As I'll describe in future dispatches, Wyman Westberry has stayed in town, and become a formidable figure -- and in a very different role from mill wright at a paper mill. That's him, on the left, a few weeks ago with me near St. Marys in the Okefenokee Swamp.

    The city too is transformed. When we first visited, the pollution from the paper mill was so thick and caustic that, as in a scene from modern China, even the Spanish moss had been poisoned from the trees. Now the trees look like this.

    Back then, there was a perpetual layer of ash on cars and houses downwind of the mill. Now the historic part of St. Marys -- the part not subject to strip-mall sprawl near the Interstate and the Kings Bay naval base -- looks like this:

    And, downtown:

    And across what had once been a fouled and polluted marsh:

    All of this is set-up to the story we have looked at during our recent trip to St. Marys. What happens when the company at the heart of a Company Town shuts down? How different is the new "company town" life that has come with the area's dependance on a large Navy base? What does the resilience of a man like Wyman Westberry tell us more generally? And is there any chance that a place like this, with its impressive high school and its ambition to become America's next space port, can become a "talent magnet" like Greenville or Burlington?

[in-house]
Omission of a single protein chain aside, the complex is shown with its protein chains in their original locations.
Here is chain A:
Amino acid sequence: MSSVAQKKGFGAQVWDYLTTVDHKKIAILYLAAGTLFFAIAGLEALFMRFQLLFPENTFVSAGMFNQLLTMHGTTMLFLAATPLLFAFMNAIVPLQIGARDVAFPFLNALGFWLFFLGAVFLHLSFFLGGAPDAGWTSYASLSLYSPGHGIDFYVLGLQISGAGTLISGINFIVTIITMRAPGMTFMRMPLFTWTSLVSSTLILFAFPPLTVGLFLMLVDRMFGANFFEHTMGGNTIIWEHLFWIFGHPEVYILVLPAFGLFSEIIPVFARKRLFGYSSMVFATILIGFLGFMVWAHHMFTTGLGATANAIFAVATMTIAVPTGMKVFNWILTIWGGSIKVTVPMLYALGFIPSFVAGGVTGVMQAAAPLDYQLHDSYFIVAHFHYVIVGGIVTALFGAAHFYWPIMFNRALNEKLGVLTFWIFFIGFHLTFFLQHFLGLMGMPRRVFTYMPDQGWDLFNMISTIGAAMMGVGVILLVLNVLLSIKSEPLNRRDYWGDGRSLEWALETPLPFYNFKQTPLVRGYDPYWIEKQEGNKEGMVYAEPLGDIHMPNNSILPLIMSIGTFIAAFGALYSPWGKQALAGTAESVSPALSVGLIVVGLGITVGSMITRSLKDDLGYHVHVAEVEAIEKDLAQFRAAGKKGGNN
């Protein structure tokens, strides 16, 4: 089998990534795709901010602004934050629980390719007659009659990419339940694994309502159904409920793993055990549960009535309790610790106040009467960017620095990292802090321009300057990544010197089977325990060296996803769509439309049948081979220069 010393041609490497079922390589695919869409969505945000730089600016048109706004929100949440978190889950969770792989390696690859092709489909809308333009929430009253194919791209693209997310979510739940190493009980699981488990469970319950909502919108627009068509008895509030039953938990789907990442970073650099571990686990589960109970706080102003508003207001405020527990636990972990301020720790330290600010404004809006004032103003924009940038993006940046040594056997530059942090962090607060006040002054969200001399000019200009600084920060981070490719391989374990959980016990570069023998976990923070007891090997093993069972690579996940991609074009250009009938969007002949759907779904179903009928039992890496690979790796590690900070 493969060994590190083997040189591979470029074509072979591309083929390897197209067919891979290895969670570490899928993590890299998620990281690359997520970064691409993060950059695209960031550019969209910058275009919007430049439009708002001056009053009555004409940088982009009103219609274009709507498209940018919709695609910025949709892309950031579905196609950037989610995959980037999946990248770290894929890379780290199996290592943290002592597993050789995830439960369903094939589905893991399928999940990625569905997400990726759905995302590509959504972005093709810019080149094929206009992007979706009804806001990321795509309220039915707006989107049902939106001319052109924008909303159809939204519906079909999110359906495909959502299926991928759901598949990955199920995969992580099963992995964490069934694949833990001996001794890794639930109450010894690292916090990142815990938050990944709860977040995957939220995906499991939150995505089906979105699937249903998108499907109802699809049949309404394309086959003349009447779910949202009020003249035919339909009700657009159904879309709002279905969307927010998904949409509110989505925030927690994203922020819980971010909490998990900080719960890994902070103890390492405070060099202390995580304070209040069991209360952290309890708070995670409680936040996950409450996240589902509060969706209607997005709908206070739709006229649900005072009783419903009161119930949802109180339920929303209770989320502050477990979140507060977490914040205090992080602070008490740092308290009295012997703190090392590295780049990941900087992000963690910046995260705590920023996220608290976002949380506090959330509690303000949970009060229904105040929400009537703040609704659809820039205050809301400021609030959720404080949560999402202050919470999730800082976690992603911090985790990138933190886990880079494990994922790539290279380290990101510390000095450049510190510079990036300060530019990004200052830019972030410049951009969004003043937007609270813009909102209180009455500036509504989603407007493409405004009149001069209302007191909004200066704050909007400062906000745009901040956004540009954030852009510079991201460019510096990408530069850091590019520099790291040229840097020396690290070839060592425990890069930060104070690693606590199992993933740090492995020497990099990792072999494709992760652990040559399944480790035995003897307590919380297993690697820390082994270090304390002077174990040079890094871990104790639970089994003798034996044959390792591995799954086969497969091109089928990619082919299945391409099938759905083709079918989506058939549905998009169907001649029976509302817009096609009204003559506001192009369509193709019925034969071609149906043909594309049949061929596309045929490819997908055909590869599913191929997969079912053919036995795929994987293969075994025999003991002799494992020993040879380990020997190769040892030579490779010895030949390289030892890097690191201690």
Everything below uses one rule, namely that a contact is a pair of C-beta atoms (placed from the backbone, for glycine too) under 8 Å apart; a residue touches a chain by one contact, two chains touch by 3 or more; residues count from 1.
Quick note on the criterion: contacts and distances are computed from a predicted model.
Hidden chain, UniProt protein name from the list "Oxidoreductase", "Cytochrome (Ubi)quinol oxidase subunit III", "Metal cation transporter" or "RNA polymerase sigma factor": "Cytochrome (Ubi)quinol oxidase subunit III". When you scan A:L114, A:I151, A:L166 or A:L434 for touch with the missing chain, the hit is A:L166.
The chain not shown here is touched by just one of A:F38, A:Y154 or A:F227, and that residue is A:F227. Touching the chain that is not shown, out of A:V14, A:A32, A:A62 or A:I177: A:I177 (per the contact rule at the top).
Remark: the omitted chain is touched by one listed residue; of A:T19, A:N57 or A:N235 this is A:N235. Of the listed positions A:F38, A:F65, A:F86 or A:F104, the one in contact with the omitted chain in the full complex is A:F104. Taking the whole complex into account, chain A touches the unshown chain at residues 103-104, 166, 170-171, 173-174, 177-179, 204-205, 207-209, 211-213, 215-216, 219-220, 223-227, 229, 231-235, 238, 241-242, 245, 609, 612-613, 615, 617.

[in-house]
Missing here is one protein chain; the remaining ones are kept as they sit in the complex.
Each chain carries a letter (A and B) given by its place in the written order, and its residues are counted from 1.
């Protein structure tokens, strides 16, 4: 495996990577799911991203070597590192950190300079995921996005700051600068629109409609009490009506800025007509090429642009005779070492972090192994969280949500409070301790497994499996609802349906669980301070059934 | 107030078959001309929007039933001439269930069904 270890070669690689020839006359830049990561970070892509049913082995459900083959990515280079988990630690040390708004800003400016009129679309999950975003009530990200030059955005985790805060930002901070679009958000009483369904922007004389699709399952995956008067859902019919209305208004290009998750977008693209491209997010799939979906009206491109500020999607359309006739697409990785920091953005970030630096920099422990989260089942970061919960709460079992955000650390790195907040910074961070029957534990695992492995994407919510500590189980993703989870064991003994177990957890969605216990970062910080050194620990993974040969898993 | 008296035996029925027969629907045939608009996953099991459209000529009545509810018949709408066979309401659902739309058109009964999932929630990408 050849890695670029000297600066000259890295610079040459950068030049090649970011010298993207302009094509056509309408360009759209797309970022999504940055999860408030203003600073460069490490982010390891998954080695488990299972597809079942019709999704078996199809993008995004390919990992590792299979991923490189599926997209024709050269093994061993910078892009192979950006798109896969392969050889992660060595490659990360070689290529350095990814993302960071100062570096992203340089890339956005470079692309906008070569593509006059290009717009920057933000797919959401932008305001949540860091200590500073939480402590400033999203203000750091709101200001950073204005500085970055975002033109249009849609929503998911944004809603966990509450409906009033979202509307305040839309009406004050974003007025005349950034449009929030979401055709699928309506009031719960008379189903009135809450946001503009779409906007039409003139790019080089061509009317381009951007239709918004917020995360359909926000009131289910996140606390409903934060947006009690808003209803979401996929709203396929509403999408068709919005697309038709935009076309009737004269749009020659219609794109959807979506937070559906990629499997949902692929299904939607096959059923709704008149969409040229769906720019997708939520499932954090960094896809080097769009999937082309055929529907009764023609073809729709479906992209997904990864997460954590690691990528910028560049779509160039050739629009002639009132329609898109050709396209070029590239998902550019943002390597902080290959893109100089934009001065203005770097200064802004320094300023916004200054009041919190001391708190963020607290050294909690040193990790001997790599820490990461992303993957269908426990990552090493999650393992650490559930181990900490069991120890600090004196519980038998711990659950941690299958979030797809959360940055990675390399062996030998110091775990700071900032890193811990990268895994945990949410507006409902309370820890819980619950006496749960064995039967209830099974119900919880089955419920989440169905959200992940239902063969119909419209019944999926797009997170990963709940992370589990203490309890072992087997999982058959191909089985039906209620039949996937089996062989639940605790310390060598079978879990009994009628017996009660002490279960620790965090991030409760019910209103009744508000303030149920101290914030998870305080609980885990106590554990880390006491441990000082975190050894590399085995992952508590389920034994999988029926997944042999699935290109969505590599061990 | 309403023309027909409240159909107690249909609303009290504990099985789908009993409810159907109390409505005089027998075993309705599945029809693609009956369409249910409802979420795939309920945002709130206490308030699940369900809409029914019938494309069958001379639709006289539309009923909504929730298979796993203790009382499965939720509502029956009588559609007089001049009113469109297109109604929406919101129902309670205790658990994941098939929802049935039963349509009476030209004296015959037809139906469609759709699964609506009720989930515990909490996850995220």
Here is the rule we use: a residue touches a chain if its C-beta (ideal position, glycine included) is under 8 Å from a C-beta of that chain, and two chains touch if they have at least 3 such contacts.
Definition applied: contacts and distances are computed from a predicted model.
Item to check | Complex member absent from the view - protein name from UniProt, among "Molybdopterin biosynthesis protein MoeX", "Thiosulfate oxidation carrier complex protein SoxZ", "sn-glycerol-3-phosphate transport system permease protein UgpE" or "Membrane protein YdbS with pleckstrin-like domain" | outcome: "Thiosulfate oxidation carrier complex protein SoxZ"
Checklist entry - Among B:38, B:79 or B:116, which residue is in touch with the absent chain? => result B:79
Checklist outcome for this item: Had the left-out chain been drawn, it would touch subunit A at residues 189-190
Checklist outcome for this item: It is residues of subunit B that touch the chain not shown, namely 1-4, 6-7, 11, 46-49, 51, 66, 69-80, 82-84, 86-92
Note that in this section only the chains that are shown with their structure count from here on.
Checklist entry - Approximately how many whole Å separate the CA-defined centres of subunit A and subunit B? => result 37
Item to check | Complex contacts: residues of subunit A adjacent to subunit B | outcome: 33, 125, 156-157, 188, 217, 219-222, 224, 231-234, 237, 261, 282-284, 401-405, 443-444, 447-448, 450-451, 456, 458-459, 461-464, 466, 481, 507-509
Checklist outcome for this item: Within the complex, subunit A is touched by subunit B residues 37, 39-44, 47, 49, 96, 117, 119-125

More in upcoming installments. Here is the route to St. Marys, in red -- with the last little jog to avoid a prohibited zone over the Navy base.

    And what the scenery on the way down looked like.

    More of the St. Marys saga, starting with the "spaceport," to come. 

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  • 'I Love Sioux Falls,' Word-Cloud Style